ASSATEAGUE — An injured grey seal rescued from the Delaware coast on Easter has completed its rehabilitation at the National Aquarium’s Animal Rescue Program and will return to the wild next week as the program’s 150th successful release.
Lilly, a juvenile grey seal, was rescued on the Delaware coast on Easter in early April after suffering a broken jaw. The young seal was transported to the Animal Rescue Program at the National Aquarium in Baltimore where it began an extensive rehab program under the watchful of aquarium staffers.
After two months of rehabilitation, Lilly is now fully recovered and has been medically cleared for re-release. If all goes according to plan, Lilly will be re-released into the wild from the beach at Assateague State Park at 9:30 a.m. on Tuesday morning. Like so many before her, Lilly will likely reluctantly head toward the ocean upon her release on Tuesday and swim away much to the delight of curiosity seekers and onlookers.
When Lilly arrived at the National Aquarium on April 5 after being rescued from the Delaware coastline, it was touch and go for a while as the young seal was suffering from a broken jaw caused by an unknown source. The Animal Health Team closely monitored her progress and it appeared to be a near certainty the seal would require surgery to repair the broken jaw.
However, Lilly responded well to treatment and it soon became apparent the wounded jaw would repair itself without the need for surgery. With a daily diet of herring and capelin, Lilly has gained around 12 pounds since being admitted in April.
Animal Health Team staffers have been working hard on providing Lilly with an assortment of foraging activities to hone her natural hunting skills and ensure she will be able to hunt and eat on her own. With the green light from Animal Health Team, National Aquarium crews will transport Lilly to the Assateague State Park on Tuesday afternoon where she will be re-released.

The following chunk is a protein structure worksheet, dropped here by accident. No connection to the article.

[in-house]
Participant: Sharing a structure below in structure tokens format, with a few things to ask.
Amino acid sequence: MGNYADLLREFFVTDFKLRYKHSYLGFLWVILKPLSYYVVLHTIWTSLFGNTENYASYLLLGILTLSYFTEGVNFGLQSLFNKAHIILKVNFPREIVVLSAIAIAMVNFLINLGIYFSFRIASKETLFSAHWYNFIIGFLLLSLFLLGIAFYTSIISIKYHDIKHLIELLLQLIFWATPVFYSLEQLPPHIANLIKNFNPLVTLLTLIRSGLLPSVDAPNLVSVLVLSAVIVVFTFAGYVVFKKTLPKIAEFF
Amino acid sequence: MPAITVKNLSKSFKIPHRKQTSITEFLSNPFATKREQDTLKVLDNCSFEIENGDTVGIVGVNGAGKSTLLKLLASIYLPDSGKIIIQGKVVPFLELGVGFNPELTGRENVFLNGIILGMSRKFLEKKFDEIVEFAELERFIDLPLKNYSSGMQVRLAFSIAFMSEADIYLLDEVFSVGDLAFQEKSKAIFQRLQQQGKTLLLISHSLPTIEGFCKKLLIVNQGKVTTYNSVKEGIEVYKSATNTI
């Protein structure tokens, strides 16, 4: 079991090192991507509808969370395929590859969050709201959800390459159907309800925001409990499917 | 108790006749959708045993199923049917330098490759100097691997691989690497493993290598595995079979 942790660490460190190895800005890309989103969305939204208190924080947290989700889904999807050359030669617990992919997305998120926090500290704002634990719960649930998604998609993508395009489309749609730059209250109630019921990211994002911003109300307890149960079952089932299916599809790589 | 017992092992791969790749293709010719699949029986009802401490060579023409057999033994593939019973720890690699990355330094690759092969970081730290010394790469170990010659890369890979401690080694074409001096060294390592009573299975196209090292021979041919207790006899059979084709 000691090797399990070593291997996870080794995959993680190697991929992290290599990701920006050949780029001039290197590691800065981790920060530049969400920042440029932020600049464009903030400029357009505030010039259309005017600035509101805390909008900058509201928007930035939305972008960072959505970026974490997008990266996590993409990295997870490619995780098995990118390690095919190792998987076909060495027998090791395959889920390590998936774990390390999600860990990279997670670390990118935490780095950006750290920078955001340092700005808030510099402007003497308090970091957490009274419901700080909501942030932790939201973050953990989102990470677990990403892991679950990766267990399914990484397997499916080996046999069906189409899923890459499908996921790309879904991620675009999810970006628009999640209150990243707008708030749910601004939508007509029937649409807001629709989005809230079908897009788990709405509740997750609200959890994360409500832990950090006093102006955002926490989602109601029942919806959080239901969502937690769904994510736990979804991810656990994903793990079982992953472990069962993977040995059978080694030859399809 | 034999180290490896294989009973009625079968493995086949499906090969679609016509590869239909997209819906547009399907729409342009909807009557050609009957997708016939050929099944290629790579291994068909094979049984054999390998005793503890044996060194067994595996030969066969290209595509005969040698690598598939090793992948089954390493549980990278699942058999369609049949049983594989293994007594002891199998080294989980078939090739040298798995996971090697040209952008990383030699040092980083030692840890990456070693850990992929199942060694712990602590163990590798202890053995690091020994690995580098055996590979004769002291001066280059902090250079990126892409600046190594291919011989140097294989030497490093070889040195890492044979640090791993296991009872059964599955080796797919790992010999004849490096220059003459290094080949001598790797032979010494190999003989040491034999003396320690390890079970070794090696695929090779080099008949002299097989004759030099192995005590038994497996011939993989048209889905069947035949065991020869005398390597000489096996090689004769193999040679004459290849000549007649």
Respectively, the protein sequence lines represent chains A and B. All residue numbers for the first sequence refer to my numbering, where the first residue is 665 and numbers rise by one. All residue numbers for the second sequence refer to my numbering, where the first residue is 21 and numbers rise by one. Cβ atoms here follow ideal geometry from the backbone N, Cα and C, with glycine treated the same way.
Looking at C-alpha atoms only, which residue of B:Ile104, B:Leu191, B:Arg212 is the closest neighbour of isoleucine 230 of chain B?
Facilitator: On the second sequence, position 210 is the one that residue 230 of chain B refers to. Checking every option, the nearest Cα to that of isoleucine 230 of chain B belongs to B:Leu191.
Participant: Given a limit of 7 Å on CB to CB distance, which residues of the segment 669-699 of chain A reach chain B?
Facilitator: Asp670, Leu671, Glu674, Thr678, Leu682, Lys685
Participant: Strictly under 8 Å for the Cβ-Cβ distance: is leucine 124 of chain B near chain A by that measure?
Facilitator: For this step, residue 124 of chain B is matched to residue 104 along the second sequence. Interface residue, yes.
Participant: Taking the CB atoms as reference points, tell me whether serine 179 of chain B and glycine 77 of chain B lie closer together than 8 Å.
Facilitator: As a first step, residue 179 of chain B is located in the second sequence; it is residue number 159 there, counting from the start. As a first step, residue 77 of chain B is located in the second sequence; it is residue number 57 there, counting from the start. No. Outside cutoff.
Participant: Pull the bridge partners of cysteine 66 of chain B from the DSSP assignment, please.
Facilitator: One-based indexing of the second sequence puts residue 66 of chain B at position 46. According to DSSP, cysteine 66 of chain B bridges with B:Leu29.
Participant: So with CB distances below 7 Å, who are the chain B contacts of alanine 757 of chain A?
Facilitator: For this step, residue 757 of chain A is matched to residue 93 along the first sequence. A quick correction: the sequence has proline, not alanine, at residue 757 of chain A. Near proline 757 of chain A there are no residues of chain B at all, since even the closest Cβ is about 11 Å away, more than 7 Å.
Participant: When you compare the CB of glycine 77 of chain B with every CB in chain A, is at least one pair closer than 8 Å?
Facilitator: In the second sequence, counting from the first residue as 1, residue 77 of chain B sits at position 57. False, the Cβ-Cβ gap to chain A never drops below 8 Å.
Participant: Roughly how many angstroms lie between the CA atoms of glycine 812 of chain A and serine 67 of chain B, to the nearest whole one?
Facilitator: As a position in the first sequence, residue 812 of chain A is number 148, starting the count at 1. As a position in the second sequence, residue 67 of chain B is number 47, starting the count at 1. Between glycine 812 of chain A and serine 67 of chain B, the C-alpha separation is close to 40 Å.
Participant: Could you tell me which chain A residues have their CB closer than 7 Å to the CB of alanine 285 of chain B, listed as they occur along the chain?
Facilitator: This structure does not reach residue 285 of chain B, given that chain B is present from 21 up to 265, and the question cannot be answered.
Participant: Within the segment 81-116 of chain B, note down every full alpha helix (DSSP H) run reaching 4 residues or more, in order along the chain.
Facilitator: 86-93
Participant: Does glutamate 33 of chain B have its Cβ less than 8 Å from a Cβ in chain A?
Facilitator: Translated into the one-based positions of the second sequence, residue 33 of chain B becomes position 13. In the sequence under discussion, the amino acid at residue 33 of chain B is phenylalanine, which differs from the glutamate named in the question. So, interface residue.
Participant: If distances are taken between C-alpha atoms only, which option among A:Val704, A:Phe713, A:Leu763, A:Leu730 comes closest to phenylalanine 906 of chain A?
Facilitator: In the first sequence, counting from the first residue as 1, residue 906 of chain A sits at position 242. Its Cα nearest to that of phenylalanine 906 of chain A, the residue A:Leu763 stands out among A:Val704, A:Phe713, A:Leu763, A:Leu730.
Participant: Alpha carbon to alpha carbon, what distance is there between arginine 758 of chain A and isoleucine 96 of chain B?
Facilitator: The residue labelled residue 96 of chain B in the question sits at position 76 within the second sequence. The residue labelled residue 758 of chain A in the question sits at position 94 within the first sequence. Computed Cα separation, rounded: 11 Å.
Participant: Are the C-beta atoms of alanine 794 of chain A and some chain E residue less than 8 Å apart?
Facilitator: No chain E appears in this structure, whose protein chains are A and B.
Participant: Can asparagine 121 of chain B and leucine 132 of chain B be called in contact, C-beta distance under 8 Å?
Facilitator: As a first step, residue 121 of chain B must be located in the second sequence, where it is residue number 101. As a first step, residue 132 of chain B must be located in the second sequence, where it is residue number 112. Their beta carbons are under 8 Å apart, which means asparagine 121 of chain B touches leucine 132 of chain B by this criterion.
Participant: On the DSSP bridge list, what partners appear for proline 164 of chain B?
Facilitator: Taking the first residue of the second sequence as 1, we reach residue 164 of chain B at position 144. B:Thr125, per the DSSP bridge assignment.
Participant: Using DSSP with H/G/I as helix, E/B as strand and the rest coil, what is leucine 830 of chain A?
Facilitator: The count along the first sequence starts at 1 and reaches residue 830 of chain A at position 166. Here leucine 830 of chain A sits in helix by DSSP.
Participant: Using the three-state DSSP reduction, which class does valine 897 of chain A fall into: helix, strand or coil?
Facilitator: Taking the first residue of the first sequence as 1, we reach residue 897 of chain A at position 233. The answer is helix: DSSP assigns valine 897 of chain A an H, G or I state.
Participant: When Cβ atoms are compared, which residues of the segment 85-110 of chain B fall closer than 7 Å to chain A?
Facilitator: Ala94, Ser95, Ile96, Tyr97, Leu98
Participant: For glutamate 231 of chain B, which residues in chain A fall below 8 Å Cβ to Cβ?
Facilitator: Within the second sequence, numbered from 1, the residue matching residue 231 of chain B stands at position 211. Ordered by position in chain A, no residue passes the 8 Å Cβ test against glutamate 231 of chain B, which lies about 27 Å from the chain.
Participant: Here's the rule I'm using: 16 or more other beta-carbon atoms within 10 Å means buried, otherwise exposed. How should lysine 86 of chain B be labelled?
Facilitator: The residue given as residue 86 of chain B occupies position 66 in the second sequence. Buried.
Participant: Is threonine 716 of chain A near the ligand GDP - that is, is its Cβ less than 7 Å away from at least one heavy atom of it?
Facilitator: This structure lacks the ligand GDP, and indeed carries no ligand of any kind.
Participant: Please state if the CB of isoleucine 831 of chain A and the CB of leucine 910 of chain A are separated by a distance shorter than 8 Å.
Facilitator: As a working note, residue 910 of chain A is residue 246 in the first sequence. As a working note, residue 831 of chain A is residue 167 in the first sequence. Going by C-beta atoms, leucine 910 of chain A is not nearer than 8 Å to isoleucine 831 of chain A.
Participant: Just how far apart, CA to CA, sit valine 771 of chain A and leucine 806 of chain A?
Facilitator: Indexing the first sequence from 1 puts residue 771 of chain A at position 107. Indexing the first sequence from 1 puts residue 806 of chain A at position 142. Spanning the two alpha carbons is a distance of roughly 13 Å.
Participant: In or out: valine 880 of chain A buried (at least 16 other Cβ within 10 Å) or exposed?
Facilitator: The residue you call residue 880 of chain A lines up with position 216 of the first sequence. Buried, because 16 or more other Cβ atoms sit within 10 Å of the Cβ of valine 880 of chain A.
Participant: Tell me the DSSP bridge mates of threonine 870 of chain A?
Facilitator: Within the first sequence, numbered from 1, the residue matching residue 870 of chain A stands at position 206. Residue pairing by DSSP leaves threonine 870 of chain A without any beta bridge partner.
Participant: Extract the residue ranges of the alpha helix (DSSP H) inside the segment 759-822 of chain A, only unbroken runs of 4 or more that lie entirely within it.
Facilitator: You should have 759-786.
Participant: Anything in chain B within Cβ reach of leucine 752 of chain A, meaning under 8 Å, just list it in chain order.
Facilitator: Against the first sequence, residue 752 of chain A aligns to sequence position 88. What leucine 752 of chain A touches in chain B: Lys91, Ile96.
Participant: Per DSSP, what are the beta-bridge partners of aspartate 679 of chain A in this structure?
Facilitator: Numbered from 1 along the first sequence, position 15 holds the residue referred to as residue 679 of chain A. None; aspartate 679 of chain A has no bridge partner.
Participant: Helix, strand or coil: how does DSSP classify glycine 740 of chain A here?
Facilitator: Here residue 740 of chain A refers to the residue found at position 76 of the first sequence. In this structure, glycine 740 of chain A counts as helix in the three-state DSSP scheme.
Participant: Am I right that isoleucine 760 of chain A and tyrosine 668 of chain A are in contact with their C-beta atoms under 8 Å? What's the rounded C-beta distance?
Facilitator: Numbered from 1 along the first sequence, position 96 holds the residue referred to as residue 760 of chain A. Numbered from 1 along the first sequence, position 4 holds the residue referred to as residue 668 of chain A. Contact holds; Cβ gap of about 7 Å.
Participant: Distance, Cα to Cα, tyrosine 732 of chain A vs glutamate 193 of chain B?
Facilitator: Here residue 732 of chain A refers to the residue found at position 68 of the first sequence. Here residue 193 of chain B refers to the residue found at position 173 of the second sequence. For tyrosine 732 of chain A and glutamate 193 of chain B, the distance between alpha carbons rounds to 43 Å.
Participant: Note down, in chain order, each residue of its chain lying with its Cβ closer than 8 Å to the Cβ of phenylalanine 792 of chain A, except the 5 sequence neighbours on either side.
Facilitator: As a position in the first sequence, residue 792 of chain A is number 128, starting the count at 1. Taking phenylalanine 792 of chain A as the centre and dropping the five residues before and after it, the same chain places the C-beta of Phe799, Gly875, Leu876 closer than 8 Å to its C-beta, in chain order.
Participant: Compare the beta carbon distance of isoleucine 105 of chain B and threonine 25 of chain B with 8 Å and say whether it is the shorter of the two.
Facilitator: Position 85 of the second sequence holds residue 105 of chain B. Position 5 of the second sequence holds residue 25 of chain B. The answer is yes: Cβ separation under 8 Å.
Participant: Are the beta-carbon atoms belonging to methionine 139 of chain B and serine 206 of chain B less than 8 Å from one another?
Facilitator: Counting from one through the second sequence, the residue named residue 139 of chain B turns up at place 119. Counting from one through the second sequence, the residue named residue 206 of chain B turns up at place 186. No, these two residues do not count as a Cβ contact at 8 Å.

Lilly’s successful rehabilitation and return to the wild next week will mark the National Aquarium’s Animal Rehabilitation Program’s 150th release. The Marine Animal Rescue Program works year-round to rescue injured or ill seals, sea turtles and other marine mammals and nurture them back to health before re-releasing them.
Last fall and early winter, the program was inundated with sea turtles rescued from a phenomenon known as cold-stunning and many of those have been rehabilitated and re-released. In addition, the program also rescues and rehabs stranded seals from all over the mid-Atlantic region suffering from either illness or injury. Because of the proximity of the National Aquarium to Maryland’s Atlantic coast, many of the rehabbed marine mammals are released from Ocean City and Assateague.